It’s high time brands loosen up on enforcing the status quo with their “blue liquid demonstrations” and consumers stop refusing to talk about femcare on platforms such as Facebook and Twitter. It’s really taboo to talk about anything related to vaginas and to even say the V-word out loud.
The result is that women neglect to learn about everyday vaginal care and this results in embarrassment, shame, myths and even healthcare problems that women then feel too shy to discuss with anyone. So the world’s first Vagina Varsity was launched yesterday, where women, young and old, can learn about their bodies in a private, safe setting, guided by professionals.
The Vagina Varsity course is a mix of short video content and extra bonus material in email format, covering everything from anatomy to discharge, contraception and when to see a doctor.
Psychosexual consultant Avri Spilka provided all the educational material used in the campaign, the quirky Anne Hirsch scripted and directed all the video content, and YouTube sensation Pap Culture added some “real talk”.
“As a brand we were asking people to live fearless but we needed to act fearless first. We’ve made inroads at school level with talks delivered to young girls about period care but we wanted to do something bigger; start a movement,” said marketing manager of Libresse sanitaryware, Denese Pillay.
“This campaign will push boundaries and upset the status quo. Our aim is to empower and educate women of all ages. So next year we will be taking this course into schools and supplementing the information with product. We’re committing to spending R500 000 in the first quarter of 2017 to help keep girls in school,” she said.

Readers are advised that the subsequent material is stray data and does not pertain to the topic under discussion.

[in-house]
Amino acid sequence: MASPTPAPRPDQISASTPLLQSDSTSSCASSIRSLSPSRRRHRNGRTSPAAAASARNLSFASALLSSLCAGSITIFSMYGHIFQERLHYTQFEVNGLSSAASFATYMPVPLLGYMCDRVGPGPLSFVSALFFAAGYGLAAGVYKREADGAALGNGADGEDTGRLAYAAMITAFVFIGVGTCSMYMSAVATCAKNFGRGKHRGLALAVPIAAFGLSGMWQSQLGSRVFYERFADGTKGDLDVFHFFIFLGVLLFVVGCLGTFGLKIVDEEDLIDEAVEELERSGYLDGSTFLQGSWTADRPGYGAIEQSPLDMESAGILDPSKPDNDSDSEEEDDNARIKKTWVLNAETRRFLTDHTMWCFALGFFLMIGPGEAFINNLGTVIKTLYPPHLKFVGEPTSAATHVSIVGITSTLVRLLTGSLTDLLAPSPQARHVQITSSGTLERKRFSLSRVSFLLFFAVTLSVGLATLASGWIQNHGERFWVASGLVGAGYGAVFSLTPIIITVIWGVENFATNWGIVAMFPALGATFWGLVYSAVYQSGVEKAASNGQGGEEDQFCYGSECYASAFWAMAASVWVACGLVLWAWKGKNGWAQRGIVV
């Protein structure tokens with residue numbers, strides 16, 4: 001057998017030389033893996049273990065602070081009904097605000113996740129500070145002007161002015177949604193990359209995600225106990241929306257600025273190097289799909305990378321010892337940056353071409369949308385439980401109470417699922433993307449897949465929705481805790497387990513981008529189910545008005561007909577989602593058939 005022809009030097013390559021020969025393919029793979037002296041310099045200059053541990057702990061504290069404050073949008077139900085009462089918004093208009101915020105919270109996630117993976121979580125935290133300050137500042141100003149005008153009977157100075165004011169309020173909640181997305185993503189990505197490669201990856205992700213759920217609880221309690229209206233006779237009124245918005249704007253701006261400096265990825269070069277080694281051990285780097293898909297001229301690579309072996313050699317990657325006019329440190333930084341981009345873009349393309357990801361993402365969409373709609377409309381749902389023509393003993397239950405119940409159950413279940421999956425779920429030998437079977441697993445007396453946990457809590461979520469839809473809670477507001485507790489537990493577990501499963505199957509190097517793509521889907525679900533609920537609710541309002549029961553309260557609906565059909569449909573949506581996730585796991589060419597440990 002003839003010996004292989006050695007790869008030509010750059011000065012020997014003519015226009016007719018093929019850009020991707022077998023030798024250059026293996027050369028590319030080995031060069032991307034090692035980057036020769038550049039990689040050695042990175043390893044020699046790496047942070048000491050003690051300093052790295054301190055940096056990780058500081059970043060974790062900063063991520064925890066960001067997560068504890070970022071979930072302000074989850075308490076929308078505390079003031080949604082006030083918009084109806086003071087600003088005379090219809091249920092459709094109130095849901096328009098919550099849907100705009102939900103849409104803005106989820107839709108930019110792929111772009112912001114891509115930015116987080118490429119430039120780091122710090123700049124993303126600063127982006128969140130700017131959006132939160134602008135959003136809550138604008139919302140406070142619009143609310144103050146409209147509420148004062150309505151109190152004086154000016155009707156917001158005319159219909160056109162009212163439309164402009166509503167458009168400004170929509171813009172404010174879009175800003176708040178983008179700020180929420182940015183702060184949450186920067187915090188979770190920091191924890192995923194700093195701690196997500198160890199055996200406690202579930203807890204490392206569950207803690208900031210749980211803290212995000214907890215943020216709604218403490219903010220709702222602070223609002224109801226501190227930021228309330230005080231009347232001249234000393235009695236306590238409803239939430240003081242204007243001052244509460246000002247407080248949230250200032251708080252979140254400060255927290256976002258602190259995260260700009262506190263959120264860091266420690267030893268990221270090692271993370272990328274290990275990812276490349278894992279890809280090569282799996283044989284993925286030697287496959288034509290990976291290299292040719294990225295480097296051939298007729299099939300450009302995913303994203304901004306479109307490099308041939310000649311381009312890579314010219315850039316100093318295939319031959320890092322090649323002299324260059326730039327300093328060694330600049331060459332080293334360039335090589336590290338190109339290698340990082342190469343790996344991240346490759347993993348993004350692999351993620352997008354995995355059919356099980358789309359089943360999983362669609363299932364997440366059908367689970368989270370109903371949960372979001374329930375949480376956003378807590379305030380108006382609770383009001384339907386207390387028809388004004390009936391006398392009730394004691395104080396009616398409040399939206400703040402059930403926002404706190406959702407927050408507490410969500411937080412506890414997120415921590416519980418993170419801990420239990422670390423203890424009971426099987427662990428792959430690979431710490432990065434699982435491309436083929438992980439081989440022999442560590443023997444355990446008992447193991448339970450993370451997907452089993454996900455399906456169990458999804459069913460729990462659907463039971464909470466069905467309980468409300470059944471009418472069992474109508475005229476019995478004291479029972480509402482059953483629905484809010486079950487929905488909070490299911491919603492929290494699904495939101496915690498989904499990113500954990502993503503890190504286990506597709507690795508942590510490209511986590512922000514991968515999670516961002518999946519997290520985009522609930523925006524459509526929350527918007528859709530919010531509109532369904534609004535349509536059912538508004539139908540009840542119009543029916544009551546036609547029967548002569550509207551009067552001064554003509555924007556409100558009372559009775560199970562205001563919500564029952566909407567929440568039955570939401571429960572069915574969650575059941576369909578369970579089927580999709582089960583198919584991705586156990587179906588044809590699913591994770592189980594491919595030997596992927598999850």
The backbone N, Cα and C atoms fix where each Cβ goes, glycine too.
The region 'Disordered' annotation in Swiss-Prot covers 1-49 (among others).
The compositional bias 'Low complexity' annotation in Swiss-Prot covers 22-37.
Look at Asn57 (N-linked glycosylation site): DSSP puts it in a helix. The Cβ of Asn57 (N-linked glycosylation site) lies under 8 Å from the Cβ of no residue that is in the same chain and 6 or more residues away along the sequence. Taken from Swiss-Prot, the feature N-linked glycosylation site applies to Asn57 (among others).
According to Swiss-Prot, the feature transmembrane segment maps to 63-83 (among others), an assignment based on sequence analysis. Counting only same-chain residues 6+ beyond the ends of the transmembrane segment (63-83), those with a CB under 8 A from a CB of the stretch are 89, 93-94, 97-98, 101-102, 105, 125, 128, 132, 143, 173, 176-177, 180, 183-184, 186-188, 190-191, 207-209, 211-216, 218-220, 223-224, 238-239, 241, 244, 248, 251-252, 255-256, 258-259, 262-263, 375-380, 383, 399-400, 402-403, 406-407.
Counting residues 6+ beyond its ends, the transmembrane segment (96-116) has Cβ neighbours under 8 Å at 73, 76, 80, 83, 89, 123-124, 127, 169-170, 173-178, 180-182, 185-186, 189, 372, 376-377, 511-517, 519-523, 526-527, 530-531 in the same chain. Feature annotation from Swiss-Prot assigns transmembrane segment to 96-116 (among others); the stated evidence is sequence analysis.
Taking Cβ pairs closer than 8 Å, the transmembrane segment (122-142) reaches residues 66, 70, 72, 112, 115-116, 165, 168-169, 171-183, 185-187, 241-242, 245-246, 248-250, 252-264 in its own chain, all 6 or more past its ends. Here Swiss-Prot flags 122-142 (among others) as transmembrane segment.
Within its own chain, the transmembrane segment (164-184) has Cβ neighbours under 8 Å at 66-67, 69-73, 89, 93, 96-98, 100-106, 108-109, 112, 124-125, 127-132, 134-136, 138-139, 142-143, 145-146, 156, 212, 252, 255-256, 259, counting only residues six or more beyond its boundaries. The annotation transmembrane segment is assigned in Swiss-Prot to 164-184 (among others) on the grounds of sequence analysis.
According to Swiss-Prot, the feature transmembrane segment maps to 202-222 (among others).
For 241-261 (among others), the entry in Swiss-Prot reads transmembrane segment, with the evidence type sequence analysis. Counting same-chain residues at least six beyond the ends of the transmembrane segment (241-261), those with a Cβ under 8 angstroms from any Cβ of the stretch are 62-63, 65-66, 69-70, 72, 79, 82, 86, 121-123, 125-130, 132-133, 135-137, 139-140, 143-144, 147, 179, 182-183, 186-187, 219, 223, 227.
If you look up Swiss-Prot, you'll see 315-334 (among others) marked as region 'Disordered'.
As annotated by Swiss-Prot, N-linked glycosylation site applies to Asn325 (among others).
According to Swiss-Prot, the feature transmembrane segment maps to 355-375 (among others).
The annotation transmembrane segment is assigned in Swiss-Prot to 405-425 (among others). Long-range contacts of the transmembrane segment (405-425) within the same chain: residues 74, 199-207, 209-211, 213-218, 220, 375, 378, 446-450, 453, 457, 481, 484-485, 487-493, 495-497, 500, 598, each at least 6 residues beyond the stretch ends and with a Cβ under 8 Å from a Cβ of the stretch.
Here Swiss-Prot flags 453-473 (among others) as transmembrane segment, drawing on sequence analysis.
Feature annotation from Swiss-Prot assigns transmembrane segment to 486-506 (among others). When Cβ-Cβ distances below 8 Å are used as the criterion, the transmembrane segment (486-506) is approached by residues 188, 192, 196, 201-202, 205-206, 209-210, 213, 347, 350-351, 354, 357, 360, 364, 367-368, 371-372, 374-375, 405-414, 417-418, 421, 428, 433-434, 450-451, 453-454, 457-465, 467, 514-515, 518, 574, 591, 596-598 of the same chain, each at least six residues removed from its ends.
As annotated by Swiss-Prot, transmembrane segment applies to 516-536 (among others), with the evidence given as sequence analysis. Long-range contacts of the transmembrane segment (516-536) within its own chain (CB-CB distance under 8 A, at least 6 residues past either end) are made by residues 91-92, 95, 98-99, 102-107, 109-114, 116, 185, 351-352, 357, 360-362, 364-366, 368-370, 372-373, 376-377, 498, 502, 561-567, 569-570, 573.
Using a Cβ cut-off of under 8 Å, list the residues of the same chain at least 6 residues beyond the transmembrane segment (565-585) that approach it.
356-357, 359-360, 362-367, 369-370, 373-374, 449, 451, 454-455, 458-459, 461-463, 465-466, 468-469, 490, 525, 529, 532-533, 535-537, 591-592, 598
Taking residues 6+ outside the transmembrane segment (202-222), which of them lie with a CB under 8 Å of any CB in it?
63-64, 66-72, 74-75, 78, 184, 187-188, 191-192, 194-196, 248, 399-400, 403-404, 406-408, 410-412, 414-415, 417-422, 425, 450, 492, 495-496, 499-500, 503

Talking about your vagina, and even saying vagina, is still embarrassing for millions of women in South Africa and around the world. But that doesn’t mean women aren’t interested in that part of their anatomy.
“The most visited pages on our website are the FAQ pages. And in consumer research groups, the women all start out shy when we introduce vaginal care topics but once they realise they are in a safe space, you can’t stop them. The same is true for our school talks. Women of all ages want the information we have, they just don’t want it on traditional channels in old-fashioned ways,” said strategic planner at Net#work BBDO, Kerry Hibberd.
“Most women only knew what was once told to them by their mother, sister or friend at school. We don’t want to replace those conversations; we want to spark, inform and enrich them.”
The Libresse approach has been welcomed by academics and healthcare professionals. Dr Mpume Simelane, a gynaecologist based at Leratong Hospital, says: “The Libresse approach is on point, the audience is ready for a bold campaign like this. This campaign answers the questions women and girls are asking in a trusted, honest fashion.”